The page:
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When he's asking Monsieur LaPadite what he knows about the Jewish family that he is harboring (which Landa obviously knows about), LaPadite tells him he's only heard rumors. Hans immediately answers with this quote, and from the way he says it, and from the look in his eye (major kudos to Christoph Waltz on his performance) we automatically know something very sinister is going on, and it will not end well. Our instincts were 100% correct.

5 "So, gentlemen, let's discuss the prospect of ending the war tonight."

Christoph Waltz in Inglorious Basterds

Hans may be working for the Nazis, but this man is nothing if not a self-serving, selfish, evil human being who will shift his loyalties according to what is most convenient for him at the time. Once he becomes aware of what's about to go down in the movie theatre, and he realizes there's not much he can do about it, he sets a plan in motion.

Faced with Aldo, he promptly lets him know that he has no intention of letting the four main members of the Nazi government die. However, he is very aware that it will happen regardless but positions himself as though he has options, so that, in the end, a sweet deal can be made with the Allies. He very nonchalantly opens a bottle of champagne and suggests to Aldo and Utivich that they discuss the possibility of ending World War II.

4 "I did have something else I wanted to ask you, but right now, for the life of me, I can't remember what it is. Oh, well, must not have been important. Till tonight."

It was a heart-wrenching moment for all of us when Shoshanna was faced once again with the man that was responsible for the brutal slaughtering of her entire family years ago. The same man who so ominously told her goodbye, and that she hoped she would never have to see again.

Throughout the whole movie, we are questioning whether or not Hans knew who she was. Sometimes it was obvious, but other times we were not so sure. However, this was the moment that seemed to end all doubts on the matter, and it ended with Shoshanna in tears of emotion. Hans words are usually laced with a threat, and this one is perhaps the biggest concealed threat of them all - I know who you are, it's almost what it feels like he's saying.

3 "Could you please reach into the right pocket of my coat and give me what you find in there?"

A German actress working for British intelligence during the Second World War? Yes, we were all here for it. This partnership gave us some amazing showdowns between all of our favorite characters, and, of course, Bridget had to eventually meet her demise because, well, this is a Tarantino movie. When it comes to the death toll, Game of Thrones doesn't even come close.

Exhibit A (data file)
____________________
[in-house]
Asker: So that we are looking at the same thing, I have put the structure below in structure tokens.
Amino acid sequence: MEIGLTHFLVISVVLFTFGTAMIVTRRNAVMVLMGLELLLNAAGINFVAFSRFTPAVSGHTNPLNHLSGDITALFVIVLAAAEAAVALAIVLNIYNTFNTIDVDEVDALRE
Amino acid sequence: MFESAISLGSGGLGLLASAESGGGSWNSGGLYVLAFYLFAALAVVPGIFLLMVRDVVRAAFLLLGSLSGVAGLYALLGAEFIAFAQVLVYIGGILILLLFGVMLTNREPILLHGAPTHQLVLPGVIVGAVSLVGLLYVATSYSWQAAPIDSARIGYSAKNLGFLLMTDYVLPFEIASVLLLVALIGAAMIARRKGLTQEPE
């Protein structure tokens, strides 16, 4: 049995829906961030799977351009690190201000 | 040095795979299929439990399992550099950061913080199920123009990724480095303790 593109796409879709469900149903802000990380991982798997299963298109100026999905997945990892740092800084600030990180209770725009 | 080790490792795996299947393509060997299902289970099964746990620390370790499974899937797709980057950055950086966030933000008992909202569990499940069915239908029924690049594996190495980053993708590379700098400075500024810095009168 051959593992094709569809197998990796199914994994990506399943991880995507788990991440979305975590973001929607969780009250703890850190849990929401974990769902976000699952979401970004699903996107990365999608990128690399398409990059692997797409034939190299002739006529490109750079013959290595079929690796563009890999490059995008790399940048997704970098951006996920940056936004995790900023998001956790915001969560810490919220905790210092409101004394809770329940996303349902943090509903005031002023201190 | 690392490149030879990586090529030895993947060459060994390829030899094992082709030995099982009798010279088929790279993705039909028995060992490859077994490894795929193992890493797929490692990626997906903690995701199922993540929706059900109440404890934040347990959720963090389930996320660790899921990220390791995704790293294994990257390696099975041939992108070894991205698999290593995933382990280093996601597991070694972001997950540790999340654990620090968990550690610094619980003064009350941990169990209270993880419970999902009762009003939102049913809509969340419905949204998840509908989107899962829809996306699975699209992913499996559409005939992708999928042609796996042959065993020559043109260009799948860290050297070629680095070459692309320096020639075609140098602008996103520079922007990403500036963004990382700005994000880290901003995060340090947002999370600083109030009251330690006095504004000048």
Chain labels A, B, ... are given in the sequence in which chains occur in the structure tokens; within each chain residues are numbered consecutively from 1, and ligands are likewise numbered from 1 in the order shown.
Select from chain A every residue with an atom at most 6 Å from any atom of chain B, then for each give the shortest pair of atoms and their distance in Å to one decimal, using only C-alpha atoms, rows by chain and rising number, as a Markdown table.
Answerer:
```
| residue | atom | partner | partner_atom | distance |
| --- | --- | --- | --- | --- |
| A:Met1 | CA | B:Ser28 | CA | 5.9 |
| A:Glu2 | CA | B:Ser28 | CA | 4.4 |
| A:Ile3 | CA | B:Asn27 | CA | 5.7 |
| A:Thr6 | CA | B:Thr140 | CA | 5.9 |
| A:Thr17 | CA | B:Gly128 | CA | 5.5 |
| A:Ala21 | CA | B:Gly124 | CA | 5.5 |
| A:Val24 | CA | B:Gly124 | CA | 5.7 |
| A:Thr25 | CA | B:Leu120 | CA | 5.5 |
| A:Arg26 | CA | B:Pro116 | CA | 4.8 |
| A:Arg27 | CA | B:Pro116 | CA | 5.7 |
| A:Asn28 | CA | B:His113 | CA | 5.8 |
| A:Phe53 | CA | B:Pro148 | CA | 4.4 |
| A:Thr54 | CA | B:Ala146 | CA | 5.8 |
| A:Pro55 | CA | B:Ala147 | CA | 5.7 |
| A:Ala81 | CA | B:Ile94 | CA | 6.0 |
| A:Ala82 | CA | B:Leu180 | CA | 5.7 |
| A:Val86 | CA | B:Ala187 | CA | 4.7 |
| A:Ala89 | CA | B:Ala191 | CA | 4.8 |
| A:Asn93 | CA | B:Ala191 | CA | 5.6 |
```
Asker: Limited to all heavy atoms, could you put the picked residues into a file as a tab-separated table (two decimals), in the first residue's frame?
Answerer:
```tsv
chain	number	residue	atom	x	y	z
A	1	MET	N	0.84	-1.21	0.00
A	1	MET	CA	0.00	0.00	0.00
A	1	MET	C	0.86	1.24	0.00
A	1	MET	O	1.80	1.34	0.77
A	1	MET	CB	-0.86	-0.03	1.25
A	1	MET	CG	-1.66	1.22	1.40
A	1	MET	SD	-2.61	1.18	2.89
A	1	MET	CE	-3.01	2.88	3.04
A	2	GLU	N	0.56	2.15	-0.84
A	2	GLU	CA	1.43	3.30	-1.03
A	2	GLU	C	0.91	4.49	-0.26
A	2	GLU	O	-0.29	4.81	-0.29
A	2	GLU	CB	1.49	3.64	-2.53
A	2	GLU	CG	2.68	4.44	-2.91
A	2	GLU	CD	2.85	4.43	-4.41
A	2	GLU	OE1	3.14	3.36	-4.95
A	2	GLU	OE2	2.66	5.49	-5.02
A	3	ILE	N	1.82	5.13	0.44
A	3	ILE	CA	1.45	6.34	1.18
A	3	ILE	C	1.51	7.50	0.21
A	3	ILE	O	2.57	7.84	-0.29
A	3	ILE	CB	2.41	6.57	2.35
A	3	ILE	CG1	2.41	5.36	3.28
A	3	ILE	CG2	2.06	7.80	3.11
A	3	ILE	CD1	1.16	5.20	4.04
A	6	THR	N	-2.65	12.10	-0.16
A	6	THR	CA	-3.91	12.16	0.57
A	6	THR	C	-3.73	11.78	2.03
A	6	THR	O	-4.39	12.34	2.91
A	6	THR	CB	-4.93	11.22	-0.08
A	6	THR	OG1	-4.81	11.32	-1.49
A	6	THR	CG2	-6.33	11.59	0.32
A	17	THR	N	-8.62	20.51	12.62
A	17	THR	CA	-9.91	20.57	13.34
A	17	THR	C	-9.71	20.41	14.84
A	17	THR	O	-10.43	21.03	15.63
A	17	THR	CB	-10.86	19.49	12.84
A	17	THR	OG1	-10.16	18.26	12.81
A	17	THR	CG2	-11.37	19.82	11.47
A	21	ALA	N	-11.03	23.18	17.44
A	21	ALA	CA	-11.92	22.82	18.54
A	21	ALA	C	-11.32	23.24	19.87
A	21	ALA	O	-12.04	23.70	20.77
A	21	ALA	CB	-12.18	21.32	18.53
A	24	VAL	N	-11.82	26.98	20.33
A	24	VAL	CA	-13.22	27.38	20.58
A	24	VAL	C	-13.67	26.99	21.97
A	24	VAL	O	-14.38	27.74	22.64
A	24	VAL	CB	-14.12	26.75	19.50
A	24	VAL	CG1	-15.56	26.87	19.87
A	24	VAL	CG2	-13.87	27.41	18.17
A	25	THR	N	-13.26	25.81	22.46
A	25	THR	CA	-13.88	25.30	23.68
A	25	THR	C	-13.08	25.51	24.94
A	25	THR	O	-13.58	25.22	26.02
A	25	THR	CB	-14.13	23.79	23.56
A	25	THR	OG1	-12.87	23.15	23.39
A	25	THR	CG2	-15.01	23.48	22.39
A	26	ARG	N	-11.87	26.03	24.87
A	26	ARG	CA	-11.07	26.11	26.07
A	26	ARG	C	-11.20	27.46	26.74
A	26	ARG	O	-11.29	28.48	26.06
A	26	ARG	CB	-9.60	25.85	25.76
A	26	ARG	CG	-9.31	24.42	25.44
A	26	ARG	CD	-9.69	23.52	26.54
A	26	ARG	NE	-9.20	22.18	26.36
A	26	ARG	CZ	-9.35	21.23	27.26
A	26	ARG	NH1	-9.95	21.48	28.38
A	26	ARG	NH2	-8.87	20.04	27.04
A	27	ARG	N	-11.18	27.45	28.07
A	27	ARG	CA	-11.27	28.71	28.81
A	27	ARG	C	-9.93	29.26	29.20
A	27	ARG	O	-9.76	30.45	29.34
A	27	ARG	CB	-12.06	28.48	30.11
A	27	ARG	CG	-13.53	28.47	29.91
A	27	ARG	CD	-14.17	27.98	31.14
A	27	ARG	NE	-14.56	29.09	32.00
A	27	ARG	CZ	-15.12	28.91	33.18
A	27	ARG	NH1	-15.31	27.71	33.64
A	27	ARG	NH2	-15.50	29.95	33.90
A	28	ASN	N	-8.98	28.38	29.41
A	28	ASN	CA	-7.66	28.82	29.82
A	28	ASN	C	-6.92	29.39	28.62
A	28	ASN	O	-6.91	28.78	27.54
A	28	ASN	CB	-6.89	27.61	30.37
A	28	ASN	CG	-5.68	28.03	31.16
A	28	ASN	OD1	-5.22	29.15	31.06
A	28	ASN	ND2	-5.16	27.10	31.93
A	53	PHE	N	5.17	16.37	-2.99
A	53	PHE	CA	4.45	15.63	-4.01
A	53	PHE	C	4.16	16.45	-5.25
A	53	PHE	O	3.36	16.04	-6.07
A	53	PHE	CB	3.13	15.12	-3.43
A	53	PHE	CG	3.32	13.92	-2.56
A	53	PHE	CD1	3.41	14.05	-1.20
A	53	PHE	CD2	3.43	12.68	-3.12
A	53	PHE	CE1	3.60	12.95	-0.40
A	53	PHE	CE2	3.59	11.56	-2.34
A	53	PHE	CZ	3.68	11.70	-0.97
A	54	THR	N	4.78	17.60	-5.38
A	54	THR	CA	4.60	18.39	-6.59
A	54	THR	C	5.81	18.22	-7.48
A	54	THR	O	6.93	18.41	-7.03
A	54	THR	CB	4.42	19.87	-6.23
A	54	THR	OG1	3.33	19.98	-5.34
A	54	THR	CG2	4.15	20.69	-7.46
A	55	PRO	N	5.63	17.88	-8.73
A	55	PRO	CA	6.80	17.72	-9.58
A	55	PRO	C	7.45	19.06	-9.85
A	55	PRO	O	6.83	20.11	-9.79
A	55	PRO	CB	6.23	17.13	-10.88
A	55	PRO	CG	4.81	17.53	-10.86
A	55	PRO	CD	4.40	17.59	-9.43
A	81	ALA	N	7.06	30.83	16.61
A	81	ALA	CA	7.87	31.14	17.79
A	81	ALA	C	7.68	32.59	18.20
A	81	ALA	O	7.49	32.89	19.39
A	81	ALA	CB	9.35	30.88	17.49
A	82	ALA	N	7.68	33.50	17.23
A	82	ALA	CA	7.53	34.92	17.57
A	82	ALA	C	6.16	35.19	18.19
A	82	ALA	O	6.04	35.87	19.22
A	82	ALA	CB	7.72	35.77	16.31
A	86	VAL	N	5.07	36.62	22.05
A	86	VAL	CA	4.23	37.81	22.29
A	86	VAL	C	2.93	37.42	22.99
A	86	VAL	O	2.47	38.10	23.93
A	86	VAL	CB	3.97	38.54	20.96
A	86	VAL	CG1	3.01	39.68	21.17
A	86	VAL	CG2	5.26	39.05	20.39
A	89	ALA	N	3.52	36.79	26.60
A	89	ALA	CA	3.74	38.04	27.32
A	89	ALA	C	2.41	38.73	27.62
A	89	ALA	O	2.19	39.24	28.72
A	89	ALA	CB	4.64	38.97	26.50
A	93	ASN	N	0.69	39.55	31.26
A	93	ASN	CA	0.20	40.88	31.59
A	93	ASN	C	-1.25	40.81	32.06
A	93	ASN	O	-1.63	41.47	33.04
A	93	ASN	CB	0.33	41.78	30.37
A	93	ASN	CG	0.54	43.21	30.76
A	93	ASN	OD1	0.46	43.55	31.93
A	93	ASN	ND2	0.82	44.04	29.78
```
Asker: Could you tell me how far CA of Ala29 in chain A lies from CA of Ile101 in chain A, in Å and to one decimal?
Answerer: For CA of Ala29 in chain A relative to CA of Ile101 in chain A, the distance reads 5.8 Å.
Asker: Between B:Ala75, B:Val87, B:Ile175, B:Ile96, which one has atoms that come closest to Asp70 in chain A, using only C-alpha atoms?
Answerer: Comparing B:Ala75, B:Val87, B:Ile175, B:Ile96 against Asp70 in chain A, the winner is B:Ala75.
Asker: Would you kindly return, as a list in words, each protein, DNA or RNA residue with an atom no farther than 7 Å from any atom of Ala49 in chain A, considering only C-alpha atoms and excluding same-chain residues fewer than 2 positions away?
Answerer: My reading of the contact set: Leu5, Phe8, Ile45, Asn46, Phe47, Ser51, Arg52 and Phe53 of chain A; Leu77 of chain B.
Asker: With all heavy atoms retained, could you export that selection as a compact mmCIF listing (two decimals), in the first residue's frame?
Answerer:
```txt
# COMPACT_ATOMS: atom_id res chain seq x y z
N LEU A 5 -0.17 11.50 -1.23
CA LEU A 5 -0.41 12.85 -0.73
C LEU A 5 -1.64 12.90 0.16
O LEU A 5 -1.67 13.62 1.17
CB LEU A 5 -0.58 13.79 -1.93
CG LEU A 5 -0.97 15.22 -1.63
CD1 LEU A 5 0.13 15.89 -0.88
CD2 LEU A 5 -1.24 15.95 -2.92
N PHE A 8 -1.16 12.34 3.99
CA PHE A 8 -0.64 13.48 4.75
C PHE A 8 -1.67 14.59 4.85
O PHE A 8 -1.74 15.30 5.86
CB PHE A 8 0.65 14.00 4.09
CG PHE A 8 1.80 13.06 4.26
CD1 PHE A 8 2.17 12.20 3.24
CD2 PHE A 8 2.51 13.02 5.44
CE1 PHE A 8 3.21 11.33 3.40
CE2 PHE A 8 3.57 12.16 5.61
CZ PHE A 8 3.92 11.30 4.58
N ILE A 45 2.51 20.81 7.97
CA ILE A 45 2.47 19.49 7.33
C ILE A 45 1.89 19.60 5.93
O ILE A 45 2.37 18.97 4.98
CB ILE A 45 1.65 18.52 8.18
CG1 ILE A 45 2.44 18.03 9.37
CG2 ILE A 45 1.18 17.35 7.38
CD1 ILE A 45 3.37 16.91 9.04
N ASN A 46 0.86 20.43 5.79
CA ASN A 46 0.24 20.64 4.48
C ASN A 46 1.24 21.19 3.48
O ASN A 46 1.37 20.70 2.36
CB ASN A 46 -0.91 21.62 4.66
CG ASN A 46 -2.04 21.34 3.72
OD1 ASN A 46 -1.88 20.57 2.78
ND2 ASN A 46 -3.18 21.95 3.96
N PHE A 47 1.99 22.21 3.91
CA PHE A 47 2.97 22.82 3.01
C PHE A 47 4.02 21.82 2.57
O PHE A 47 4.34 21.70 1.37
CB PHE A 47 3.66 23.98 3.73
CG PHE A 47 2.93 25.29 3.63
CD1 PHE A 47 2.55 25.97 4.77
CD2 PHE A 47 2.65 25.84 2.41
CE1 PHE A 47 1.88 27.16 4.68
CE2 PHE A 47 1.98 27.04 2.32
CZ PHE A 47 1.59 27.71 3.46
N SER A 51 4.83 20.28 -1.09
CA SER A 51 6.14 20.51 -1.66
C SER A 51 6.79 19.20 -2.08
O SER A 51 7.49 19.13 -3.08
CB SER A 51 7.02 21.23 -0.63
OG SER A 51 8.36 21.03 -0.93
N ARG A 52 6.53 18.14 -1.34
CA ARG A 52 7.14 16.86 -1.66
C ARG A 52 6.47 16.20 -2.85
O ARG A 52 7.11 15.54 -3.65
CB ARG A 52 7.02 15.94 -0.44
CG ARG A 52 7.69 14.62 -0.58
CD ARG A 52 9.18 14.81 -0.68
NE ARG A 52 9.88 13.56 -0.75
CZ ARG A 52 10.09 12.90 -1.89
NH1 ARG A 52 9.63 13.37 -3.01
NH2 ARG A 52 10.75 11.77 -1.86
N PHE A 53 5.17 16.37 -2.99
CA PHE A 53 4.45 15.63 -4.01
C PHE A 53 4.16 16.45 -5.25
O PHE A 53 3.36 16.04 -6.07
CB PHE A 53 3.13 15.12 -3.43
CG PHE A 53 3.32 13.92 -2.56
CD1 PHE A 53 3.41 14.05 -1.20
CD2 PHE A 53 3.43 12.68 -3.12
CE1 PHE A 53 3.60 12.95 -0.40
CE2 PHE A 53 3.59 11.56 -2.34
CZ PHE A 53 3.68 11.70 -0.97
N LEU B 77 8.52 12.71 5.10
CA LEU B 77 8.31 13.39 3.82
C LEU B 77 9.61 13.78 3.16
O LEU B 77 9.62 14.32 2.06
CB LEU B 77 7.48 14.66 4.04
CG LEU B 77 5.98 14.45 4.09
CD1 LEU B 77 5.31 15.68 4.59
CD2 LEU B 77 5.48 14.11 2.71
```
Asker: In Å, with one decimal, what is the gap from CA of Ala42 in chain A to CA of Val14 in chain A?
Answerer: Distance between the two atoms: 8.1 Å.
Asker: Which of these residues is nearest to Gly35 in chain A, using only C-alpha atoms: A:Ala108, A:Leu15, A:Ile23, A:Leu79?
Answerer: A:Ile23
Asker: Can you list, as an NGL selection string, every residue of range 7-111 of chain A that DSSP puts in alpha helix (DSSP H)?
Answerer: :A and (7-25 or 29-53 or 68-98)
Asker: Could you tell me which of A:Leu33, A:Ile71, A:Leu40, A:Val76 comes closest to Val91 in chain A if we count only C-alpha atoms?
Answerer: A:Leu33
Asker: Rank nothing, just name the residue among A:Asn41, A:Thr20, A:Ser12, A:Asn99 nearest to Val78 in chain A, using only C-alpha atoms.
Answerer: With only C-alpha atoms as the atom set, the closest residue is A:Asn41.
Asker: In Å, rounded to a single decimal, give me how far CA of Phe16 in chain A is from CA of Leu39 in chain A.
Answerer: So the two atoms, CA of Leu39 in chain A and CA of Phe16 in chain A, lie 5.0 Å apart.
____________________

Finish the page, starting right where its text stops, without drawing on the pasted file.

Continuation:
After the ugly shooting in the small town in France, only a handful of the good guys survive, including Bridget. However, she loses a shoe in the process, a shoe that Landa happens to find. Being the cunning, intelligent man that he is, he puts two and two together and knows she's working for the enemy. When he kindly asks her to reach into his pocket, we all know what's coming - and it sends shivers down our spine. All because of a shoe.

2 "Monsieur LaPadite, to both your family and your cows I say: Bravo."

It's hard to forget the moments that precede the shooting of Monsieur LaPadite's floor. Tarantino does a beautiful job with the threatening soundtrack, that increases in intensity as Hans Landa begins speaking in French once again, leading the entire Jewish family that is hiding under the floor to think the danger is past, and everything will be okay.

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Up until this point, they had been chatting in English, a language the family doesn't understand. As such, they don't understand when LaPadite confesses everything to Landa in tears. Hans promptly gets up and returns to French, and, while seemingly saying his goodbyes to the owner of the house, gives orders for the family to be shoot. It was an incredibly executed scene, and the way everything transpired - the deception, the music, the acting - made it even better.

1 "If one were to determine what attributes the Jews share with a beast, it would be that of the rat."

As we mentioned before, the movie doesn't give us any room whatsoever to doubt the nature of Landa's character. As much as he states otherwise towards the end, Hans is a hateful creature, who works for a hateful regime. He's done despicable things in the name of the Nazis, and he doesn't lose a minute of sleep over any of them.

So it's clear from the very beginning what his opinions on Jewish people are. While he compares Germans to hawks, he compares Jews to rats, in one of the most disturbing pieces of dialogue in the entire film. And for a movie like Inglourious Basterds, a Tarantino movie, that's saying quite a lot.